I have explained the dimensions and as soon as the girder heats up it is inside the envelope of the side plates, and the beams and girder are in very close proximity so you won't have one heating and one not heating. If the beams are pushing at all they are hot and so is the girder and it is inside the side plates. It actually is an ironclad proof that the NIST WTC 7 report has no merit and is not a legitimate explanation. It doesn't matter why they did what they did. The report doesn't explain the collapse initiation failure because there is a situation which fully precludes their hypothesis, which they seem to have ignored.

If you really think it could happen then tell us how you think it could happen with some specificity. In other words, what had to do what for what you are trying to imagine to even have a chance of occurring?

Last edited: Sep 20, 2017
34. ### OysteinActive Member

Posts 23 and 32. Read them! You forget the hours of fire on many floors! The rest of the building was NOT pristine! You can't know the distance between columns 79 and 44 when you ignore fire histories on all floors!

35. ### deirdreModeratorStaff Member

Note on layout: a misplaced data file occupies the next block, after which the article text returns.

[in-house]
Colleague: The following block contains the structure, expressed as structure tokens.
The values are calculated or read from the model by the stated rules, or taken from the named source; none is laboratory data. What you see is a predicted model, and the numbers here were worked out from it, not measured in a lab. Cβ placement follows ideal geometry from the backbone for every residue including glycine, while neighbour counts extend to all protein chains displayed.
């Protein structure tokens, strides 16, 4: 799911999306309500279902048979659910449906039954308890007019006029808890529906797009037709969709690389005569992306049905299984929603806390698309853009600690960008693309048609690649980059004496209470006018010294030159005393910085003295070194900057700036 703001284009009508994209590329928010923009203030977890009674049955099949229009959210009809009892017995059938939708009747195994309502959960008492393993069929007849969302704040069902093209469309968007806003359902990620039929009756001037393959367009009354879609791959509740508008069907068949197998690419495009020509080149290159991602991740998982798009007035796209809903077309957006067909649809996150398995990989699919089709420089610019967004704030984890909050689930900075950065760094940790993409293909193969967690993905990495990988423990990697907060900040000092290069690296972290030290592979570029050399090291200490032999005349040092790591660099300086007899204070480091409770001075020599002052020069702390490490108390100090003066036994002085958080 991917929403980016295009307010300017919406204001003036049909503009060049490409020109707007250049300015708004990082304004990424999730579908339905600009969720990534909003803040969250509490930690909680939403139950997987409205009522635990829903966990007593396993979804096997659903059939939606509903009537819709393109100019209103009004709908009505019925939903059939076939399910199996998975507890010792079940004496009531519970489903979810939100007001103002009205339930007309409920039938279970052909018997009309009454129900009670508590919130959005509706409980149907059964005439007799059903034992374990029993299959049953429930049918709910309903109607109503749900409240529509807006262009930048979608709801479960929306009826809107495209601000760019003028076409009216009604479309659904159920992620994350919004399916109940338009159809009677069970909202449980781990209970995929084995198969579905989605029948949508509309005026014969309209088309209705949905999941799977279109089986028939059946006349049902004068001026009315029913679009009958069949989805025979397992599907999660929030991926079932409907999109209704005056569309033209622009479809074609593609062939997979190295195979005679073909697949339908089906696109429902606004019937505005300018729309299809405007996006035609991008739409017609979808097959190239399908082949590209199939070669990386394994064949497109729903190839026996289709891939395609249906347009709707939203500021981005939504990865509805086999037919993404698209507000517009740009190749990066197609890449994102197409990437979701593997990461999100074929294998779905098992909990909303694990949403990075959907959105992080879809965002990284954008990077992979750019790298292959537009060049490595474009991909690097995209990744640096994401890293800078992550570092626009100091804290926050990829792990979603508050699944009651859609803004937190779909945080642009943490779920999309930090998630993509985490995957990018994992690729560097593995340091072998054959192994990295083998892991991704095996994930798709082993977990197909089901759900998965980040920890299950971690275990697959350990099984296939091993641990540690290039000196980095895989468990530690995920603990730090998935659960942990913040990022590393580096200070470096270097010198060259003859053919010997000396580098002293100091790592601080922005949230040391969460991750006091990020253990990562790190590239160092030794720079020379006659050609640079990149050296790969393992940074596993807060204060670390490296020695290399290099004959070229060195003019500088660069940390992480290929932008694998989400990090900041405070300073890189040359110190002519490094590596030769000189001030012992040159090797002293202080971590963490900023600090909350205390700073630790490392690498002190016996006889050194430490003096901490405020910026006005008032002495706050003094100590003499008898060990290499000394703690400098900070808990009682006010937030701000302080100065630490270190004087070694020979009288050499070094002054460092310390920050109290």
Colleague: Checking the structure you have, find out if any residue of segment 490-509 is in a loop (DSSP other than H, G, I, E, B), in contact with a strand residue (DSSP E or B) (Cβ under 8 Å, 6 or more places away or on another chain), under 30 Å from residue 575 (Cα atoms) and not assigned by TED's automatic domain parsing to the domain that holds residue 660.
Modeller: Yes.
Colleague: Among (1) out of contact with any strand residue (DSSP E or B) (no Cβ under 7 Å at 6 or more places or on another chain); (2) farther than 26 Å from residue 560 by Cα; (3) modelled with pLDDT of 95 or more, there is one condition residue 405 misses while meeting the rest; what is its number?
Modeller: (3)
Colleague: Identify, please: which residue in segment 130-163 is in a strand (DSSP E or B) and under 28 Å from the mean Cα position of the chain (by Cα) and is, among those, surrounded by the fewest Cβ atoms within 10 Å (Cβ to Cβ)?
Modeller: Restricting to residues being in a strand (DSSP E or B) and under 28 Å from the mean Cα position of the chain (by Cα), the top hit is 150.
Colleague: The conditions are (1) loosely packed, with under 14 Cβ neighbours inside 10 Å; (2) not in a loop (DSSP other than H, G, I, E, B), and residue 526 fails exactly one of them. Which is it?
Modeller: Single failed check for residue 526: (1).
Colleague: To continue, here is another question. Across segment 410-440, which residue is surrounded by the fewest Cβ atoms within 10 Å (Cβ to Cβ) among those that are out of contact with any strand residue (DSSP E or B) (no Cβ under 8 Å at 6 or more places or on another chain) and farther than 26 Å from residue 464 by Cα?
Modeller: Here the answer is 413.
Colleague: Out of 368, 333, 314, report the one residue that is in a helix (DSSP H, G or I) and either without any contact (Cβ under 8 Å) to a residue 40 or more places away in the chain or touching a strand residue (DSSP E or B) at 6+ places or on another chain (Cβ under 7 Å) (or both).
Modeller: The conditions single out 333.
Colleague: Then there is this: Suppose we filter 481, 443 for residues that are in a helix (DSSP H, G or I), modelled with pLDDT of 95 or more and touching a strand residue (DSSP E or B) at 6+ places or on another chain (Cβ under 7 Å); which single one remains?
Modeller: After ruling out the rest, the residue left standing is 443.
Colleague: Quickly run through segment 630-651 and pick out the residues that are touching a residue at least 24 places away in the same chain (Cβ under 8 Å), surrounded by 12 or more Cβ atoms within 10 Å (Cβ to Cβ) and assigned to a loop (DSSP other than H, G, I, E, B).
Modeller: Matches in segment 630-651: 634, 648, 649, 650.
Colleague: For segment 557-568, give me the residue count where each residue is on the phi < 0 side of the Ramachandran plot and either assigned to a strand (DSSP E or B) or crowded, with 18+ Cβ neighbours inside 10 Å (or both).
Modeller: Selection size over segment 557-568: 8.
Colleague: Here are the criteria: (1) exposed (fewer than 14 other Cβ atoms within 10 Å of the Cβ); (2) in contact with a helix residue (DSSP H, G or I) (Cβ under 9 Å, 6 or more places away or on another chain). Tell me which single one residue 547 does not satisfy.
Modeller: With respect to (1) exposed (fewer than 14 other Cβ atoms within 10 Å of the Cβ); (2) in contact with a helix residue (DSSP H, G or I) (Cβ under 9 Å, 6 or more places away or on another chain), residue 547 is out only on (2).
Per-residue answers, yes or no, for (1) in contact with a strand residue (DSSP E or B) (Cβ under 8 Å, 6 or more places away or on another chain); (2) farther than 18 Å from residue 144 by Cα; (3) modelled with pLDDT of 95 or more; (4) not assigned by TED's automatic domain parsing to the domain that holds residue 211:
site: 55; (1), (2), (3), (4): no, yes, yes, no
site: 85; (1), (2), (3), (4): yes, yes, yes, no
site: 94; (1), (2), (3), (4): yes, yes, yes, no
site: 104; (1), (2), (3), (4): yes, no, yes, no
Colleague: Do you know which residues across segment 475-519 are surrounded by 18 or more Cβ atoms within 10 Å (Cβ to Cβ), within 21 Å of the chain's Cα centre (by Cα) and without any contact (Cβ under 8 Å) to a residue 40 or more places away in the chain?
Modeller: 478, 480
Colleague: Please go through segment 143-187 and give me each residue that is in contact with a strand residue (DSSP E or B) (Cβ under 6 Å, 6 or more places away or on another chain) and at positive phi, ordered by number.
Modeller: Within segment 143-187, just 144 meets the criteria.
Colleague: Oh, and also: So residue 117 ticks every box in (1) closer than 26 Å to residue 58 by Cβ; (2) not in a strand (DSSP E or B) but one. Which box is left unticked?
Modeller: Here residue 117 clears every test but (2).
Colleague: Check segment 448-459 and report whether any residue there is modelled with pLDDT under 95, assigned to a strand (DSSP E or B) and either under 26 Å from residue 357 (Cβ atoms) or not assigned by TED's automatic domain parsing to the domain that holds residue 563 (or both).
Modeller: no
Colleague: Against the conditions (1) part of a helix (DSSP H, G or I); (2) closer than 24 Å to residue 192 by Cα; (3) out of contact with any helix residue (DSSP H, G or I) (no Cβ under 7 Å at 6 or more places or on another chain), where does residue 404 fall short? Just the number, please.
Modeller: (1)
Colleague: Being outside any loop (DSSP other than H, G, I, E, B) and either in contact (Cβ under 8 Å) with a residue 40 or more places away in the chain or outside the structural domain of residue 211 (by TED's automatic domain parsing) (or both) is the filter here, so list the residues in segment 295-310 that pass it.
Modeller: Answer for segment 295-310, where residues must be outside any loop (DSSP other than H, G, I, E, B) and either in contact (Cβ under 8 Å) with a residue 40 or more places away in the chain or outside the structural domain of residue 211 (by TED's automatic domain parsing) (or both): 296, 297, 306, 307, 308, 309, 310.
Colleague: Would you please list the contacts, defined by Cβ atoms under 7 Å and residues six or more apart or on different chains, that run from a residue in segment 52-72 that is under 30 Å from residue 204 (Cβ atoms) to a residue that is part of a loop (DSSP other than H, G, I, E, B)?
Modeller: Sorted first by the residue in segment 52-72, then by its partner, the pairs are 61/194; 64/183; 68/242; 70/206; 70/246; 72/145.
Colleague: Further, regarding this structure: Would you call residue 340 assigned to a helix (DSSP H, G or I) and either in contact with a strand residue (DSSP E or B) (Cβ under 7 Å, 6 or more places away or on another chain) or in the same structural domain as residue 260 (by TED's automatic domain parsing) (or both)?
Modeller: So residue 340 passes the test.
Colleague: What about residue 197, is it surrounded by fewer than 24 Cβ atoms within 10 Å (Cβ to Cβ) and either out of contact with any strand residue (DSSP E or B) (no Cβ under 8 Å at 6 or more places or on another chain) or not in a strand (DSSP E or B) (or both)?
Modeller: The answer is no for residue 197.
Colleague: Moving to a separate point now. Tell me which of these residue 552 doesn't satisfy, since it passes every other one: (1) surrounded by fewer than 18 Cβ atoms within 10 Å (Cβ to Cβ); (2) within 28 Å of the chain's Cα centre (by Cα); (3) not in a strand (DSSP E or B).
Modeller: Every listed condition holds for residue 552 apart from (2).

unless... it was already past the side plate before it heated up enough.

Hulsey says the column moved east. NIST agrees with this, so if the column moved 2 inches east while the beams were pushing west, it's maybe possible the first edge was past the side plate. and if column 44 moved north, as Hulsey says it did that would pull the girder a bit further from the side plate. Quan (or Xaio?) were saying something about huge axial tension when things expand... I don't know if beams would produce huge tensions...

I think the point is. We (the general public) don't know if NIST is accurate because we don't have their data, they weren't transparent. And we (the general public) don't know if your hypothetical is accurate because so far Hulsey wont release his data, he isn't being transparent.

So far no one who (allegedly) modeled the fire event has shared their exact data with us.

So as I see it, this whole conversation is just going to be a circular opinion fest. My opinion is 'we don't know for sure and the Truthers don't know for sure either, because only a computer model can even hope to come close to modeling a long fire event... and even then there is no way a computer can be 100% accurate because no one was in the building with a thermometer.'